It was released to grow a little more and we took off to fish the dam for awhile.

Fishing at the dam wasn’t much faster than it had been throughout the day, but at least we were getting follows from the mid-sized tiger trout that were cruising the shoreline.

It took some time, but I managed to find a willing mouth on a pretty tiger, which I kept for the table.

Our slow day got even slower and Bill still wasn’t getting any action, so we hopped down to the tail water and fished the creek for a bit.  Bill went downstream and I went up, into a narrow canyon that I’ve been eyeballing for a few years.

The Currant Creek Narrows, as I’ll call them, were really neat and the many pools alongside the cliffs looked really fishy, although each one baffled me, leaving me empty handed and without a bite.

Tell me this doesn’t look like the money spot:

But then I saw this little pocket and knew that something had to be there, waiting for my lure to buzz through.


Sure it was tiny, and a lot of work to get to, but it made falling into the creek and getting my pistol wet, worthwhile.  Luckily it’s a revolver and easy to clean/dry.

Meeting back up with Bill, he had finally landed a small brown and chased off his skunk.

So the day was long and arduous, but the few fish caught were earned and we saw some wonderful countryside.

Happy Fishing, Humans.


Spawning Cutthroat (Different Spot)

Needing to visit another area that we've missed, my family and I drove out to the Wasatch Plateau and enjoyed an afternoon hike, some cutthroat fishing, and some small tiger trout at Huntington Reservoir.

One of my favorite creeks out there showed even more promise than usual and I found an area that was loaded with big spawners, just like my pond from last week.  The only difference was that these cutts were very spooky.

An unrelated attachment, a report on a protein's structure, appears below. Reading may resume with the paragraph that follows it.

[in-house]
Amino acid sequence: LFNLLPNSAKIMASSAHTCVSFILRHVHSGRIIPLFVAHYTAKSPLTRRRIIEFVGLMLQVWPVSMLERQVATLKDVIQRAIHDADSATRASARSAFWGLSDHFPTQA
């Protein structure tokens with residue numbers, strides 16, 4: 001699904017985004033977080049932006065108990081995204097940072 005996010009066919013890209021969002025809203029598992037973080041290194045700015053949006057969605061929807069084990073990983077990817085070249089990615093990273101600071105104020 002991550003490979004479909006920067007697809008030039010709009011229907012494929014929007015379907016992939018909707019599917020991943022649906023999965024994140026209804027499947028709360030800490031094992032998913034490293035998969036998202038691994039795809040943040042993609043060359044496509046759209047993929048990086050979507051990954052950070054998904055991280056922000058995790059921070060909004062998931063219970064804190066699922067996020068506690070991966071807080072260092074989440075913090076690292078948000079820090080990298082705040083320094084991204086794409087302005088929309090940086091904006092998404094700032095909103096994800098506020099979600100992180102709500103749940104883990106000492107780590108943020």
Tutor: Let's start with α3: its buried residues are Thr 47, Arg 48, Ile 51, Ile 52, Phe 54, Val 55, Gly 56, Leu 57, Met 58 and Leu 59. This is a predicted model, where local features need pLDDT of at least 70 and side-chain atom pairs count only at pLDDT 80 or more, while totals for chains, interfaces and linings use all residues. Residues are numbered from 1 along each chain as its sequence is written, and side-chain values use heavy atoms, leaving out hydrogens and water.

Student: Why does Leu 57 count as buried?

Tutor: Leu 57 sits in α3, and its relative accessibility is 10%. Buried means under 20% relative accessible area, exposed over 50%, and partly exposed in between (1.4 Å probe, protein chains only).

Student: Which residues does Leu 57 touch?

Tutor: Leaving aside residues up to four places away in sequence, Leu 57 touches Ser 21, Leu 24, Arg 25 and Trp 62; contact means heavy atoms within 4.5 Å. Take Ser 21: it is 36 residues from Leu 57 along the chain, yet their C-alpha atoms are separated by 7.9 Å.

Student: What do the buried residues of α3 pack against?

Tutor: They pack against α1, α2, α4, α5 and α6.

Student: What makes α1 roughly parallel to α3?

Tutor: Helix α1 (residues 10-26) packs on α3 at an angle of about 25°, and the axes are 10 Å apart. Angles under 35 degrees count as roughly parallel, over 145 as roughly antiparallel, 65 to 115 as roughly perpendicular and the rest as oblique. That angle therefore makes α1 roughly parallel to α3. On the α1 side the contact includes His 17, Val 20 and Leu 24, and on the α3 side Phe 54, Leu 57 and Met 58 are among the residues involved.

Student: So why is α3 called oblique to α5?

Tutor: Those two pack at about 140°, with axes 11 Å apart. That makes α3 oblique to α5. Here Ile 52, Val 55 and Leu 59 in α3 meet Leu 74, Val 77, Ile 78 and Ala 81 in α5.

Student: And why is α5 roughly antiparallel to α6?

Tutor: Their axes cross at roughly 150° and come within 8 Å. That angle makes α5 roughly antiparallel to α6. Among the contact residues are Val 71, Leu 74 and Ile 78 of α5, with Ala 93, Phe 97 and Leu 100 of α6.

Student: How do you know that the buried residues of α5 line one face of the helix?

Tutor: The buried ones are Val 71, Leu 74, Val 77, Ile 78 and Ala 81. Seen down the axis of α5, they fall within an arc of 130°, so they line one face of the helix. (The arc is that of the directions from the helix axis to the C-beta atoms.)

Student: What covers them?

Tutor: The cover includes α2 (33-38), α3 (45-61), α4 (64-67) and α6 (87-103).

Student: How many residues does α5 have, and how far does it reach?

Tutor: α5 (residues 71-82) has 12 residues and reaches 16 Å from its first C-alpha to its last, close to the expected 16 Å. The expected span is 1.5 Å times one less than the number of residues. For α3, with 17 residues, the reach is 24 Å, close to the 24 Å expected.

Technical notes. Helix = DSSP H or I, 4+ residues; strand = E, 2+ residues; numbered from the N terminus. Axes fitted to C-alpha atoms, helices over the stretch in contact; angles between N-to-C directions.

I had a hunch that this particular spot would be prime.  Try and count the dark spots.  Many were between 17-21 inches.  Talk about luck!

At first, they were quick to attack my offerings (jigs), then I had to get a little bit more creative with a failed attempt at flies, then finally connecting on a small brookie pattern Rapala.

The largest of the day broke me off and was quite nice, very thick, and painted with the whole easel.  Such a shame that it didn't make it to my hand and even worse that it has to mess with a jig in its lip for awhile.  Hopefully it can work it out of there and continue to eat well.

There were several that I was able to trick, but I only took photos of the largest ones.

Kind of an odd head shape.

This next one had been caught before.

In one hole, some of them must not have seen me or cared much that I was there, so I took an opportunity to get some quick footage of them in the water.

Nothing special, but it was fun that they stuck around while I messed with them.

On the way home, we stopped at Huntington to test our luck.  The small town along the dam reported very slow fishing, but we were able to get a few tigers to hand, the largest being 16 inches.

It was a great day and we enjoyed ourselves.  I'm really glad my wife caught a fish and feel very fortunate to find such nice cutthroat two weeks in a row.

Happy Fishing, Humans.

(PS: Happy Father's Day to all you Papas out there!)


Big Beautiful Cutthroat

Having been on so many family trips lately, this week was reserved for a solo trip to a favorite area of mine.

The mountains are so rich and green this time of year and the fishing is excellent, so off I went into the world of giant quaking aspen, green grass, and shaded trails.

 My hike wasn't too long, but my first stop required a little trail blazing.  It was a small beaver pond that I've fished a couple of times, always full of little cutthroat.